From the top of the creaky, wooden, ten meter tall observation tower, the view was a treat. We could see the ocean horizon, to the east, and the layers of mountain range to the north and west. What a marvelous afternoon! And again, true to the form of our serendipitous day, we encountered another welcome circumstance. The bird counters were there. After attending University, Mark from Illinois, took the three month job of counting passing raptors, here at the observation tower. He is trying to decide if he wants to specialize in this field of study. He was a wealth of information and didn’t mind answering all my questions and letting us look through his binoculars and telescope. He is the one who told me about the connections between this place and my girlhood retreat, Hawk Mountain. Mark’s assistant is a local young man, an indigenous Bri Bri. I was quite impressed at how proficient he was at identifying specific birds at a distance. His eagle eye spotting of a Peregrine Falcon led to an interesting discussion on falconry, a sport Kendrick had never heard of.
Raptors, with their powerful hooked beaks, mighty talons and keen eye sight, symbolize power, skill and noble grace. Even more important, however, is the significance of these birds of prey to the well being of the natural ecosystem. On the farm they are an ally in keeping rodents at bay. In the wild, they help to maintain balance between prey populations and food supply. And most of all, raptors are an important link in the food chain and sensitive indicators of changes in the ecosystems. It was the decreasing population of our national symbol, the Bald Eagle that led to the banning of the pesticide DDT.
But even as we humans exalt these revered creatures, we are responsible for their decline. Clear cutting for agriculture and acquisition of wetlands and grasslands for use in development has resulted in a huge loss of habitat. Hawks and owls are blamed for livestock loss and shot, trapped or poisoned. They are even killed simply for sport. Counting the number of migrating birds provides information to biologists and conservationists regarding the rise or decline in species numbers. It’s a useful tool to help formulate ideas and programs for protection and preservation.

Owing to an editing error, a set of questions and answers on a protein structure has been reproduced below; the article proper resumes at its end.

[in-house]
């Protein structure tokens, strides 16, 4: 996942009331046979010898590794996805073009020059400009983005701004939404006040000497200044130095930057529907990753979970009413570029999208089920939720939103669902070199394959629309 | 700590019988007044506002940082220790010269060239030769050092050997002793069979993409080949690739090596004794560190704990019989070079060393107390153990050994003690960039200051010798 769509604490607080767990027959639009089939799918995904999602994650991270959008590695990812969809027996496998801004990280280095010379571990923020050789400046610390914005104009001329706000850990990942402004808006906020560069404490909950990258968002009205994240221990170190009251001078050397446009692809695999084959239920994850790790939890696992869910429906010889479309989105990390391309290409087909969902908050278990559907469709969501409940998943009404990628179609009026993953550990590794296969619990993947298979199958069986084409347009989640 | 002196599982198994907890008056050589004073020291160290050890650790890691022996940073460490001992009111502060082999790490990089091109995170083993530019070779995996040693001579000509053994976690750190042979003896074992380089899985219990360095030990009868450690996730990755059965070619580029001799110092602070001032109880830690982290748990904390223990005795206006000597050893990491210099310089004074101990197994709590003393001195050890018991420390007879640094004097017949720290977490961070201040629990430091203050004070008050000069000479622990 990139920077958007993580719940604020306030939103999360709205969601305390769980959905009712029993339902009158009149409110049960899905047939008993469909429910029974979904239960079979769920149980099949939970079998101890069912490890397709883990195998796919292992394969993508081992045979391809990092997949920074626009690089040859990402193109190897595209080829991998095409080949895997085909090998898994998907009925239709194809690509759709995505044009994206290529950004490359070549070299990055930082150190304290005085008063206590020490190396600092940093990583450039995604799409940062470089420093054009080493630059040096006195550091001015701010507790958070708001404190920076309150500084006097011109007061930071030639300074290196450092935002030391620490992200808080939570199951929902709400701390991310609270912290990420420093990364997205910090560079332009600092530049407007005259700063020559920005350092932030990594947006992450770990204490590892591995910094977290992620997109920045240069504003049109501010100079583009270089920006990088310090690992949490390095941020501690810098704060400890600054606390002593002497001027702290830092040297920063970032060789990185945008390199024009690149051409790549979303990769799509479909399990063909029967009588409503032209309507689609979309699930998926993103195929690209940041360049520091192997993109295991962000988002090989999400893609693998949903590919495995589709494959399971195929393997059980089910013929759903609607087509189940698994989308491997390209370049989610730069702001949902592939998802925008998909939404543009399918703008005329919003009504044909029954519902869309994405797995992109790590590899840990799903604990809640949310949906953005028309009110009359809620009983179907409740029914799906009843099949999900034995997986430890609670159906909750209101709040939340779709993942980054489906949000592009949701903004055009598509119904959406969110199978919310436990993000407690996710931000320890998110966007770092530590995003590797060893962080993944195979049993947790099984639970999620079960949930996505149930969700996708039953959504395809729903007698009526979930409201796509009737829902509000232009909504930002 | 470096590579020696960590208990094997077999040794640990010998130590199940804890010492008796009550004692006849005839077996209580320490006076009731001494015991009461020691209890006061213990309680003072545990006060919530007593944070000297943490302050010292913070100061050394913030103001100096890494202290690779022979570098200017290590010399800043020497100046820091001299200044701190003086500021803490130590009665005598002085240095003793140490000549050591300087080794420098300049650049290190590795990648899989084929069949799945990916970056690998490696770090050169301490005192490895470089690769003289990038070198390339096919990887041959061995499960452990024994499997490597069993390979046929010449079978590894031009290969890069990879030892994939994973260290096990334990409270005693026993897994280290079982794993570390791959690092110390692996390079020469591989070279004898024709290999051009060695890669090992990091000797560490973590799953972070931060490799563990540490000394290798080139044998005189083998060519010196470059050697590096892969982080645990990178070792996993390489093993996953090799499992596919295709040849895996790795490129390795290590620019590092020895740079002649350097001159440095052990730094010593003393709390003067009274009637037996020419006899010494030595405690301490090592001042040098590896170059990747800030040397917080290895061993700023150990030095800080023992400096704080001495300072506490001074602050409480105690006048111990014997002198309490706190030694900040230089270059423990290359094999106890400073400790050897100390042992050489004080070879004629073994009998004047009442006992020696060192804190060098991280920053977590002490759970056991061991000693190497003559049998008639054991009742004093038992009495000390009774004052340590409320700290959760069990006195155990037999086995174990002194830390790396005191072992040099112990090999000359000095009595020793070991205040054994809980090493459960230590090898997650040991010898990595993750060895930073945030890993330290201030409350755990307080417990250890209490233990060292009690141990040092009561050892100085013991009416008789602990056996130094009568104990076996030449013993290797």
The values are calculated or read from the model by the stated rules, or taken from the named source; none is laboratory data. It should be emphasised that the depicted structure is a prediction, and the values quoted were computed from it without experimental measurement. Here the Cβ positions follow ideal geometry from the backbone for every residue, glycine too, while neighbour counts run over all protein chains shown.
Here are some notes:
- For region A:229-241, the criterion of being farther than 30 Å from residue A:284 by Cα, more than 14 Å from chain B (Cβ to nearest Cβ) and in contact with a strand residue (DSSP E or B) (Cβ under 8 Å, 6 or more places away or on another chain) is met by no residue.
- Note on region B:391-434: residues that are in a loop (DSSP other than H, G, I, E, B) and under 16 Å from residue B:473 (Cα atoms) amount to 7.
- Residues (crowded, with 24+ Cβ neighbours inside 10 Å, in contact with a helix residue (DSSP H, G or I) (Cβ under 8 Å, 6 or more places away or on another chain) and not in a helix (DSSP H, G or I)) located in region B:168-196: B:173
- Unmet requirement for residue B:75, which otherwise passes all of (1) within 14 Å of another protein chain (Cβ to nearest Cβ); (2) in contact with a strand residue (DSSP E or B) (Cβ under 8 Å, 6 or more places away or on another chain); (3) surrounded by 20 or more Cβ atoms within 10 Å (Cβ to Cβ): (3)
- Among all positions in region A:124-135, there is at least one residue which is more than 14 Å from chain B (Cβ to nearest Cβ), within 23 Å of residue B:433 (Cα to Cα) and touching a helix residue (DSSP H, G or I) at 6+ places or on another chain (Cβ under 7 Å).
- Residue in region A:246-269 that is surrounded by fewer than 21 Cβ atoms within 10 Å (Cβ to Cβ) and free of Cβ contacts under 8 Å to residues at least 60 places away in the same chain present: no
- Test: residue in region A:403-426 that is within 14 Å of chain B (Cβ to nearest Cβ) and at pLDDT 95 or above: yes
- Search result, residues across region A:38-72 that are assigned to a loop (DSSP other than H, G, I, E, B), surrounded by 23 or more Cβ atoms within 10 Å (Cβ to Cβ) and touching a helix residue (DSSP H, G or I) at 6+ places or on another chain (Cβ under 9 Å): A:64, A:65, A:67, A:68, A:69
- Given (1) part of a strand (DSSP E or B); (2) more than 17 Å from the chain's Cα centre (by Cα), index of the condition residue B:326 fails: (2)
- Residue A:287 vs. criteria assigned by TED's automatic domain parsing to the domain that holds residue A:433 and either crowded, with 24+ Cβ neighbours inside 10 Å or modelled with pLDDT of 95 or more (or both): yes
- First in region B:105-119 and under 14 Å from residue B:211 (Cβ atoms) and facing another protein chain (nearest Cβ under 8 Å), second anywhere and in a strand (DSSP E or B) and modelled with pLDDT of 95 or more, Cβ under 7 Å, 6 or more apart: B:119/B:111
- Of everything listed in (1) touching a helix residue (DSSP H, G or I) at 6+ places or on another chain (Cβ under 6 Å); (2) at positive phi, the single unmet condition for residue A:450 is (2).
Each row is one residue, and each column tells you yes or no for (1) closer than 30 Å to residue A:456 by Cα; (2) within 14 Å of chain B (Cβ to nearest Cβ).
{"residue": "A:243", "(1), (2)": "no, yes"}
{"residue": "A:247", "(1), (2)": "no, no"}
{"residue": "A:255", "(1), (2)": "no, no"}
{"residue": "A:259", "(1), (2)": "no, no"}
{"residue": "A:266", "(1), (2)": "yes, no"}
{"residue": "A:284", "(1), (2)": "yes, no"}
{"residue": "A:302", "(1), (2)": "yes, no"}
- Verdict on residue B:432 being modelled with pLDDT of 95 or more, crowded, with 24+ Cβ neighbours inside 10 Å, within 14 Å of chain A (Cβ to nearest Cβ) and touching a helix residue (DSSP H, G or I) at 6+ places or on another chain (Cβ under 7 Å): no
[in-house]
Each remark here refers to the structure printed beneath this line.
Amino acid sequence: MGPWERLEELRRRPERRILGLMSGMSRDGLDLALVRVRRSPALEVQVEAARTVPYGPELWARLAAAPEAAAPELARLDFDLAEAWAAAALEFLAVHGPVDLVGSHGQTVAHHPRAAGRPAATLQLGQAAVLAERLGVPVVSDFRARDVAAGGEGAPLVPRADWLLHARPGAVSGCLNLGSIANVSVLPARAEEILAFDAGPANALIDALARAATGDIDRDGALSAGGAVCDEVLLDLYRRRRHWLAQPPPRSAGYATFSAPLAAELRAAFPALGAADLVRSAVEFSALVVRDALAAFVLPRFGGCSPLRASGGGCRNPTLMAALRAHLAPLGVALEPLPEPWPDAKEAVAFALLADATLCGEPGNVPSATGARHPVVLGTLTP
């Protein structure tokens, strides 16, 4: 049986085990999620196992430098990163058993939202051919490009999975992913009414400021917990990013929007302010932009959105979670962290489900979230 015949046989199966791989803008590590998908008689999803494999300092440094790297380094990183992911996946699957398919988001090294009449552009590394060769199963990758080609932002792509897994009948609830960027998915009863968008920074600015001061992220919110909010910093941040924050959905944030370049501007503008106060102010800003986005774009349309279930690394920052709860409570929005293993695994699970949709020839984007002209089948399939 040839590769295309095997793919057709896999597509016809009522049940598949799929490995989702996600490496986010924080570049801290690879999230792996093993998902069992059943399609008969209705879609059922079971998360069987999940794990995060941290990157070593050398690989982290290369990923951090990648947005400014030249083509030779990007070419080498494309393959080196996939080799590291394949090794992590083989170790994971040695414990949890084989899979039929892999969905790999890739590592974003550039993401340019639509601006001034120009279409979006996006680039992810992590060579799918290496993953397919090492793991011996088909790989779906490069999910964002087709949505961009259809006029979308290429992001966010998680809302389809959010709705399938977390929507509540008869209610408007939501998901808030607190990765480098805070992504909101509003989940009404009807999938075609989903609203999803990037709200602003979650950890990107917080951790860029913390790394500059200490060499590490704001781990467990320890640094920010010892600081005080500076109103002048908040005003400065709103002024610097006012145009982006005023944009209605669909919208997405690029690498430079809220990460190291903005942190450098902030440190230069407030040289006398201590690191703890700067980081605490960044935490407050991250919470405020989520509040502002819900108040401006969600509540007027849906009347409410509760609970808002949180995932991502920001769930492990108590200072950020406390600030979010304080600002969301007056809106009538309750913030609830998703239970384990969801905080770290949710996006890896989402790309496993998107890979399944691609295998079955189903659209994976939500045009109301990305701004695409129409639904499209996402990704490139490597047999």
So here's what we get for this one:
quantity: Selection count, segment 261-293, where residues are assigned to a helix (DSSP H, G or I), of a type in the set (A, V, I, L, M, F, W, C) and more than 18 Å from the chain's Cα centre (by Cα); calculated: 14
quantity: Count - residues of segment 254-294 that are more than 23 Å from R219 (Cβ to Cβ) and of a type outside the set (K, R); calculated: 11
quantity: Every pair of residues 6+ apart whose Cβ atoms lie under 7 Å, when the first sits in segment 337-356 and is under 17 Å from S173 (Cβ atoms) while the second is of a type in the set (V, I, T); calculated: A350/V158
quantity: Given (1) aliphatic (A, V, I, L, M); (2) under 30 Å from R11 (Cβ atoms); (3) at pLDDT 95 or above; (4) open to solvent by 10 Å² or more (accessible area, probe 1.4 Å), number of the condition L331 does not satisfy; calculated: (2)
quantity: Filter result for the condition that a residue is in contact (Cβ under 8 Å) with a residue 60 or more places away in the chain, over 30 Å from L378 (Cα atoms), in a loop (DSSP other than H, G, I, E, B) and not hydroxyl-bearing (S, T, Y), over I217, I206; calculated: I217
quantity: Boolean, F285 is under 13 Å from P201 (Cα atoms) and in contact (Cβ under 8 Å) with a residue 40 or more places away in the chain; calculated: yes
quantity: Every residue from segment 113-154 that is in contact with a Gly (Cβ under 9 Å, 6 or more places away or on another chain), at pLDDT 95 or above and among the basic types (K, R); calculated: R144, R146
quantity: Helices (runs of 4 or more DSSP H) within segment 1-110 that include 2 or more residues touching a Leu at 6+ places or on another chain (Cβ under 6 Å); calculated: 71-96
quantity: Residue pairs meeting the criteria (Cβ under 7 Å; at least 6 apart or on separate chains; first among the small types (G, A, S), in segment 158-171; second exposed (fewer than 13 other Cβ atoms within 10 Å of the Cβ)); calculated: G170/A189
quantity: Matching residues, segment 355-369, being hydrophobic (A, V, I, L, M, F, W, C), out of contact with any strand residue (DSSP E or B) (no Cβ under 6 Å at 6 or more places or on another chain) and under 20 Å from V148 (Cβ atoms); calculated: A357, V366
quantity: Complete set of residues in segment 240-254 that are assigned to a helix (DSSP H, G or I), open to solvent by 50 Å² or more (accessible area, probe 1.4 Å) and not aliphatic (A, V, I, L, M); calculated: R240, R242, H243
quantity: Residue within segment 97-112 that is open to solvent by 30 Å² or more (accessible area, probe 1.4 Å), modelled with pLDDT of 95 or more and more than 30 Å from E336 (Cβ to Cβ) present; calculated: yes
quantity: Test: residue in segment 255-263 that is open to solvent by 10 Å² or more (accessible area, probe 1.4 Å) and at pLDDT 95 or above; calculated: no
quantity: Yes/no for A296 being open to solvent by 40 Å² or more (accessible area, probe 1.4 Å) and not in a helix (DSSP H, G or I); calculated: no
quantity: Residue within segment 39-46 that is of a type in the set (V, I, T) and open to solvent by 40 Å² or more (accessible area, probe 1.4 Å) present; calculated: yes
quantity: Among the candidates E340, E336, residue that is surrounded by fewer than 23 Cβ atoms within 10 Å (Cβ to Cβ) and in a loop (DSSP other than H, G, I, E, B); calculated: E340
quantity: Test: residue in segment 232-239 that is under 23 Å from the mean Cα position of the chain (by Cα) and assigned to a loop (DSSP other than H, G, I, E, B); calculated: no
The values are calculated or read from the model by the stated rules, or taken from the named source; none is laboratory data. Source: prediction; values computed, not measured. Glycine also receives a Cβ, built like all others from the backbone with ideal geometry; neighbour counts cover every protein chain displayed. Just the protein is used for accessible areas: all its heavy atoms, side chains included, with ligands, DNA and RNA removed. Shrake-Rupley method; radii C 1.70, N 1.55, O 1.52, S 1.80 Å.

Diego and Yesenia, our amiable guides, are local indigenous Bri Bri, as is Mark’s assistant pictured here (left). They are not professional guides, just two nice kids who showed us the way. And actually, Yesenia is a busy mom. She and Michael, my mechanic’s helper, have two little toddlers. This observation tower is built on their reserve, and since the beginning of the project in the fall of 2000, there has been a strong involvement and participation of members of the indigenous community. “For the Bri Bri, raptor migration is part of their mythology; the migrating raptors are dancing gods, the carriers of the seeds of the forest trees.” (Quote from Kekoldi Hawkwatch.) Both Diego and Yesenia were sweet and a bit shy but very accommodating, like other Bri Bris I’ve met. Many are quiet, unassuming people with a love and deep understanding of the natural world. This brother and sister lived for a time with their family in the city – San Jose, so in addition to their native Bri Bri language, they are fluent in Spanish. Yesenia hopes her kids will be trilingual, speaking English, too. I appreciate the opportunity to hike in such an enchanted forest and plan to use Diego as a guide again, in order to give back, through payment, for his help. This will be a wonderful place to share with my guide service clients.
During our visit, there were lots of birds to be seen, but they were too far for detailed photos. At times, Mark said, the birds fly in close, but that can’t be predicted. It’s best to bring binoculars. I could have stayed up there for hours, but my companions were tired from the hike and the hot sun. We concluded our visit and scampered back down the mountain. I look forward to returning soon, to share this delightful jungle adventure with my friends.
Information Resources for this Article:
Hawk Mountain Sanctuary
Conservation of Migratory Birds of Costa Rica and North America – Patrick Dwyer